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New figures show women are choosing to have fewer children

The average completed family size for women reaching 45 years old has dropped to a record low, according to the latest childbearing statistics from the ONS. Women born in 1971 – the most recent cohort to have completed their childbearing years – had an average of 1.9 children according to 2016’s figures, which is the lowest number since records began. This represents a significant decrease from their mothers' generation (women born in 1944) who had 2.21 children on average.

Two-child families remain the most common, with 37% of women born in 1971 opting to have two children in total. The proportion of women having no children (18%) and having one child (18%) are tied in second place – the combined total of these groups (36%) marks the highest proportion in decades of women having fewer than two children. The percentage of women having four or more children has fallen by half: from 20% of women born in 1935 to just 10% of the 1971 cohort.

The total fertility rate (TFR) for women in England and Wales (regardless of age) has also dropped slightly, according to additional figures released by the ONS this week. TFRs were lowest in urban areas – particularly Brighton & Hove, York, Edinburgh, Glasgow, Aberdeen, Exeter and boroughs of inner London.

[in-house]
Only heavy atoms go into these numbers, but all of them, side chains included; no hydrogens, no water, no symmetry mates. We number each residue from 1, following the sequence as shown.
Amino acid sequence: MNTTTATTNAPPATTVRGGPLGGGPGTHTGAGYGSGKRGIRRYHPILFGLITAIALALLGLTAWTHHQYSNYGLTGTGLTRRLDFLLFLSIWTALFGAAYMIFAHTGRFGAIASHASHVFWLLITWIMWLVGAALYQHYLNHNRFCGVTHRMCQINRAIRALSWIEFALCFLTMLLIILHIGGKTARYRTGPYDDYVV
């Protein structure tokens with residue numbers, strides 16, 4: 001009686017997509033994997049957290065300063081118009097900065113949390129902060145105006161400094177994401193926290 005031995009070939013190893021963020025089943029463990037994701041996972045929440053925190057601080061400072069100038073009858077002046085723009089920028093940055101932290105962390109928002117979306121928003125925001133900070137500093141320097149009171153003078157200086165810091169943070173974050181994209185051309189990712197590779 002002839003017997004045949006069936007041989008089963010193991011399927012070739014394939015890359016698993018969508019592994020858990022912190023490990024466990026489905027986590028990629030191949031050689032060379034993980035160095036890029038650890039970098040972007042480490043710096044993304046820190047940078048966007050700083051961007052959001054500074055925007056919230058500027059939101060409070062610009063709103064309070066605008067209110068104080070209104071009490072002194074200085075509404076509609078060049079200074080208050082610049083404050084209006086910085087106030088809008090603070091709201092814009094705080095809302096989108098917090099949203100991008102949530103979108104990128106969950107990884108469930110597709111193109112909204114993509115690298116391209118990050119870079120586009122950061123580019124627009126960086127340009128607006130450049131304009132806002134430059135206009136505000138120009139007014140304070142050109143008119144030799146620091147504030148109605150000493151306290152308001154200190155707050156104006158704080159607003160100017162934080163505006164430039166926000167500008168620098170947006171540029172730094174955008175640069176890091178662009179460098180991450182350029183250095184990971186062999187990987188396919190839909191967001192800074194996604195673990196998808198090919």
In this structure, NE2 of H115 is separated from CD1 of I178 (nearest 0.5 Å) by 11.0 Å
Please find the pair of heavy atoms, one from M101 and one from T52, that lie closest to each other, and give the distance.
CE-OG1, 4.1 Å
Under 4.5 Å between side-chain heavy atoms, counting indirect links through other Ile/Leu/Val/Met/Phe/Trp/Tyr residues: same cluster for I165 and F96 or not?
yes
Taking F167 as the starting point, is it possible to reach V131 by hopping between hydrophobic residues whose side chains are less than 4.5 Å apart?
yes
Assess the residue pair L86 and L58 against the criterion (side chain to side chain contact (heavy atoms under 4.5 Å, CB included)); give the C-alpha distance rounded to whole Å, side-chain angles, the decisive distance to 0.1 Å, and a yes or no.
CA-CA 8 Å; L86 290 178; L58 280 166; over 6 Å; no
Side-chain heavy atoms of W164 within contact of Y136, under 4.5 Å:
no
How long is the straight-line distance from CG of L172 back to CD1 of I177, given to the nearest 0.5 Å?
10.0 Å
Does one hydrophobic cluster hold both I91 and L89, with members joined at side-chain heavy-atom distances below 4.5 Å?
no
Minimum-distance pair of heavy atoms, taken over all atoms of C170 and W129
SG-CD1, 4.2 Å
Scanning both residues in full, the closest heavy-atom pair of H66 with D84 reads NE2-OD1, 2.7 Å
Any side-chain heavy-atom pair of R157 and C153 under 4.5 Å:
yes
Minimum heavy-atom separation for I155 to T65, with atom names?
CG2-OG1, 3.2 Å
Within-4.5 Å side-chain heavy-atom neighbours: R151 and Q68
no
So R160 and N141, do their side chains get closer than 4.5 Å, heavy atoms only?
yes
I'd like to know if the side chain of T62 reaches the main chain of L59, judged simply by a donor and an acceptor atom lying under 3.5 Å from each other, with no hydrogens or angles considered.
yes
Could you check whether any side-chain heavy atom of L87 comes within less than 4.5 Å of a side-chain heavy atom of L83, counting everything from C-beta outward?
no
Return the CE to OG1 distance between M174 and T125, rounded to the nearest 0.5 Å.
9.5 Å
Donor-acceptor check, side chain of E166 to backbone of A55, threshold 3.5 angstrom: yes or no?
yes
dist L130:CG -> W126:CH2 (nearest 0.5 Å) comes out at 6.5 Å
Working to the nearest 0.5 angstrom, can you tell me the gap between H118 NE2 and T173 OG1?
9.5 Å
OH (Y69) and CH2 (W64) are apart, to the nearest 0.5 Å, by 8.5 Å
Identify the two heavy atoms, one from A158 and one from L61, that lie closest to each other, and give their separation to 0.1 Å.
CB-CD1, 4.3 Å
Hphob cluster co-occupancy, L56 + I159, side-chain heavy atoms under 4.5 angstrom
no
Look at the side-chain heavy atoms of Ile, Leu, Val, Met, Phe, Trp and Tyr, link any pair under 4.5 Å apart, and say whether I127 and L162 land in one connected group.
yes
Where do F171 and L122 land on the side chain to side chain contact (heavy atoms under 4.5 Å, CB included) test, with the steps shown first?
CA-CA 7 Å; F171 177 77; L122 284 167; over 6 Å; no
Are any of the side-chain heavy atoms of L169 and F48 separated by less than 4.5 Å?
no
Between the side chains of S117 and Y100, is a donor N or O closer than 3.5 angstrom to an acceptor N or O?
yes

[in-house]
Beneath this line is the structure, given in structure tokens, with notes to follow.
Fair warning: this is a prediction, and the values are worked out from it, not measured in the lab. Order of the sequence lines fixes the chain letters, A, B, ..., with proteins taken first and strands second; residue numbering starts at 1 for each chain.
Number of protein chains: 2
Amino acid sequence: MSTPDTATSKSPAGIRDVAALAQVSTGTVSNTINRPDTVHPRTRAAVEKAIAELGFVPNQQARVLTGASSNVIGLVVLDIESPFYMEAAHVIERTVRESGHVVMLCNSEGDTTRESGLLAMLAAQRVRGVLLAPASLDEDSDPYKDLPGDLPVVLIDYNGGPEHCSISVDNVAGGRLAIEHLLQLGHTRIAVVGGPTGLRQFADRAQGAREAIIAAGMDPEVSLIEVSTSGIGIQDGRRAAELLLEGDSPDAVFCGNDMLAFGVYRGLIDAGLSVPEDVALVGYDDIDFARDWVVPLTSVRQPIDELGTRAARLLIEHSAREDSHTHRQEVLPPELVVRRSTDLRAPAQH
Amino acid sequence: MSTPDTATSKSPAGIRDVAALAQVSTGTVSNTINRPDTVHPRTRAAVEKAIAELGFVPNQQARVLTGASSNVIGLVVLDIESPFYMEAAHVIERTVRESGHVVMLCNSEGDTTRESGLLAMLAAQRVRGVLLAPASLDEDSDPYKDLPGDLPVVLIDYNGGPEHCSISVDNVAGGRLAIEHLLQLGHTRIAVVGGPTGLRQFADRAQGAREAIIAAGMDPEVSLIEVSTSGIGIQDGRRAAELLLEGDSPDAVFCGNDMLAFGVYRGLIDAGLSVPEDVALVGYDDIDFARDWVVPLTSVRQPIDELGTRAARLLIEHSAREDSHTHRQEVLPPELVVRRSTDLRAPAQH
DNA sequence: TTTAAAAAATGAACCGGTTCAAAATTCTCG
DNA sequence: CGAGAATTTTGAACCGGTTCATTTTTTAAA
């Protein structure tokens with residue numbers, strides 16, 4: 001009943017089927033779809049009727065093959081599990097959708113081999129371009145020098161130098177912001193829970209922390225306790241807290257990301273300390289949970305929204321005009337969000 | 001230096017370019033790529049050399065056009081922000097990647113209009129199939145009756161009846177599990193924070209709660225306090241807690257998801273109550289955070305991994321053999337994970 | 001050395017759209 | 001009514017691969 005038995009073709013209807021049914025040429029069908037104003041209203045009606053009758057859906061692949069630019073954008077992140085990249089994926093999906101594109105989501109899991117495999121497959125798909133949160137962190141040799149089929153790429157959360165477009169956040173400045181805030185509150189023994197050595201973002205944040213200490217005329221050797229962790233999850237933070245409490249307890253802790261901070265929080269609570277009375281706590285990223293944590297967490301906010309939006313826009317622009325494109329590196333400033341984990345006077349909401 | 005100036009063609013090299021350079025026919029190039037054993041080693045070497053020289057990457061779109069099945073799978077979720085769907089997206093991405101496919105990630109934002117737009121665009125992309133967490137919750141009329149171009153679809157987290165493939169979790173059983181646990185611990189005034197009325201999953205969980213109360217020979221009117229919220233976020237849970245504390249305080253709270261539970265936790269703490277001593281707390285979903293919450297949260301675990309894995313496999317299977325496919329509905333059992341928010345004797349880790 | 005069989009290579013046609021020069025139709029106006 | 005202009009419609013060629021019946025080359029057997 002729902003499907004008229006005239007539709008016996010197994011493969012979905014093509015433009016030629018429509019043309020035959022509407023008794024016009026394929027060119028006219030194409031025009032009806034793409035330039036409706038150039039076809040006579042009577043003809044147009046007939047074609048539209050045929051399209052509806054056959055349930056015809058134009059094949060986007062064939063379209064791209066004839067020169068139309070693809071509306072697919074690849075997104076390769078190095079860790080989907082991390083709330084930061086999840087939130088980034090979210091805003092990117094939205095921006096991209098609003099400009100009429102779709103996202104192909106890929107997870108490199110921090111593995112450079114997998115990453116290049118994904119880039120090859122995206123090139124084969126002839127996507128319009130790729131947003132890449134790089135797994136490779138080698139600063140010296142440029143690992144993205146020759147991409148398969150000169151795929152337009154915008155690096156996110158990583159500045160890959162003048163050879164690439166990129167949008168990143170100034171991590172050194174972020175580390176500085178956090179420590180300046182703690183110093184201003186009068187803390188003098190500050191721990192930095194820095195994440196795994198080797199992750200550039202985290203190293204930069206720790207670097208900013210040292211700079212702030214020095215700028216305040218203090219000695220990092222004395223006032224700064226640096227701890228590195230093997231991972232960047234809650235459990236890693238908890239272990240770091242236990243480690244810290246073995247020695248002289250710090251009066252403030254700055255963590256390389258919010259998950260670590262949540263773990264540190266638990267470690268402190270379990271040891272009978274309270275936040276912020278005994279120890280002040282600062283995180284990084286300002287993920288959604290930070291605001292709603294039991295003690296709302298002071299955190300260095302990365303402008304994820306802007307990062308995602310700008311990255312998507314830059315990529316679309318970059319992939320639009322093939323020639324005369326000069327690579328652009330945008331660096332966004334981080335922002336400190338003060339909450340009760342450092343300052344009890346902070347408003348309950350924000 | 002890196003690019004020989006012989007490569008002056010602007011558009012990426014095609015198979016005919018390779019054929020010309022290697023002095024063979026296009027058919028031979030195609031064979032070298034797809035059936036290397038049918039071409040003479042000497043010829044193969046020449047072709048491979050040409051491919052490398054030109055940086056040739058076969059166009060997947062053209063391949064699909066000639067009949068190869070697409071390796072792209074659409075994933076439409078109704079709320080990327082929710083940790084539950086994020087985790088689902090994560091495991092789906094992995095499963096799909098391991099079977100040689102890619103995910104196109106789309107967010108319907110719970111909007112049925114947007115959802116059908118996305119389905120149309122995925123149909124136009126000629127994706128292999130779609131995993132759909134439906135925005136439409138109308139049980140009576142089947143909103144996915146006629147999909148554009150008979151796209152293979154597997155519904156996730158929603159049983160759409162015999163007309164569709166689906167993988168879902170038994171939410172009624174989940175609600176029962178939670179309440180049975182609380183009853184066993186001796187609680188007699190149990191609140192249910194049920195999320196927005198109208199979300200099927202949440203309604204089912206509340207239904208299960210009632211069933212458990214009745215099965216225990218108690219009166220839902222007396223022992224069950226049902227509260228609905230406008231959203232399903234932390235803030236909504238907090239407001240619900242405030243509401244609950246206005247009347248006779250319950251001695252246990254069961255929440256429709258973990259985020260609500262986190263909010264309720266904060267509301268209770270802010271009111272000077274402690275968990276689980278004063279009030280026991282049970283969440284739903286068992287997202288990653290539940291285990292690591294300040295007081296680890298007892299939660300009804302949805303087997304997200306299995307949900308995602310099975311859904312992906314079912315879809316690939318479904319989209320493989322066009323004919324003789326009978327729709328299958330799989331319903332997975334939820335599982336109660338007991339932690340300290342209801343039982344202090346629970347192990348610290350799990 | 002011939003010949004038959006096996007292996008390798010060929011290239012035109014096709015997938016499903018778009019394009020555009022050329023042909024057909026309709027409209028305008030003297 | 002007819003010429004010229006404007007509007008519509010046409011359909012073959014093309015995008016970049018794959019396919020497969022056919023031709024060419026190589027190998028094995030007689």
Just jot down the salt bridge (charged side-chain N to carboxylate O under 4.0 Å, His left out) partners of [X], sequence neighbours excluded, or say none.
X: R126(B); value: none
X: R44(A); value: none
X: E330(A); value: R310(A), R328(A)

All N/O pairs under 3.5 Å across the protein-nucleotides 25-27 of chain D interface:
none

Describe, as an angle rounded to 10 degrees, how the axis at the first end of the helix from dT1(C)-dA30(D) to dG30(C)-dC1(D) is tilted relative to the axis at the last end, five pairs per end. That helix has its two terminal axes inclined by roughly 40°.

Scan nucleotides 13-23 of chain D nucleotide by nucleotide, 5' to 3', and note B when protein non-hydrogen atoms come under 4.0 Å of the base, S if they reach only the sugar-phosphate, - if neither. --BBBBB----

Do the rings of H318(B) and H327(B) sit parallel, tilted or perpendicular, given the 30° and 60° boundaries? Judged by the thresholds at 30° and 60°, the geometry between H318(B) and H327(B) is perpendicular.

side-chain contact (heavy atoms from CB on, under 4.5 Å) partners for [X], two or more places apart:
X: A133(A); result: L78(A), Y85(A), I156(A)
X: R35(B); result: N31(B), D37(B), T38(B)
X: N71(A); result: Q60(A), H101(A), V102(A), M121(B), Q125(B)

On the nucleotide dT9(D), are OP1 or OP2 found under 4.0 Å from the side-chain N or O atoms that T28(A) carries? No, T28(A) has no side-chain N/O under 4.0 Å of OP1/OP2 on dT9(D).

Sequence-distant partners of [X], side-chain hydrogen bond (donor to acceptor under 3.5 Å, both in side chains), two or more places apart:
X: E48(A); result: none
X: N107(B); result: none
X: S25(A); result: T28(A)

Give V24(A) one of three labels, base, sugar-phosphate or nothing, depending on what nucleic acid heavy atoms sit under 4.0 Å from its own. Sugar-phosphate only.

A bpas spokesperson said,

“There are many factors which may influence a woman’s decision to have fewer children, including the ability to combine paid work and parenting. Economic considerations almost certainly play a part – we know women take the prospect of parenting extremely seriously, and may feel they can devote more both in terms of time and financial resources to a child if their family is smaller.

“What is clear is that women are spending a larger proportion of their fertile years avoiding pregnancy than ever before.  This underlines the crucial need for comprehensive access both to contraceptive services and, since no method is 100% effective, to abortion care. We must ensure that these services – as well as assisted conception services for those struggling to become pregnant – are as accessible as possible throughout the country, if we are to enable to women to plan the families they want, according to their circumstances.”

ENDS

Notes to Editors:

About bpas

bpas is a charity which sees more than 70,000 women a year and provides reproductive healthcare services including pregnancy counselling, abortion care, miscarriage management and contraception, at clinics across the UK. It supports and advocates for reproductive choice. More information can be found at bpas.org.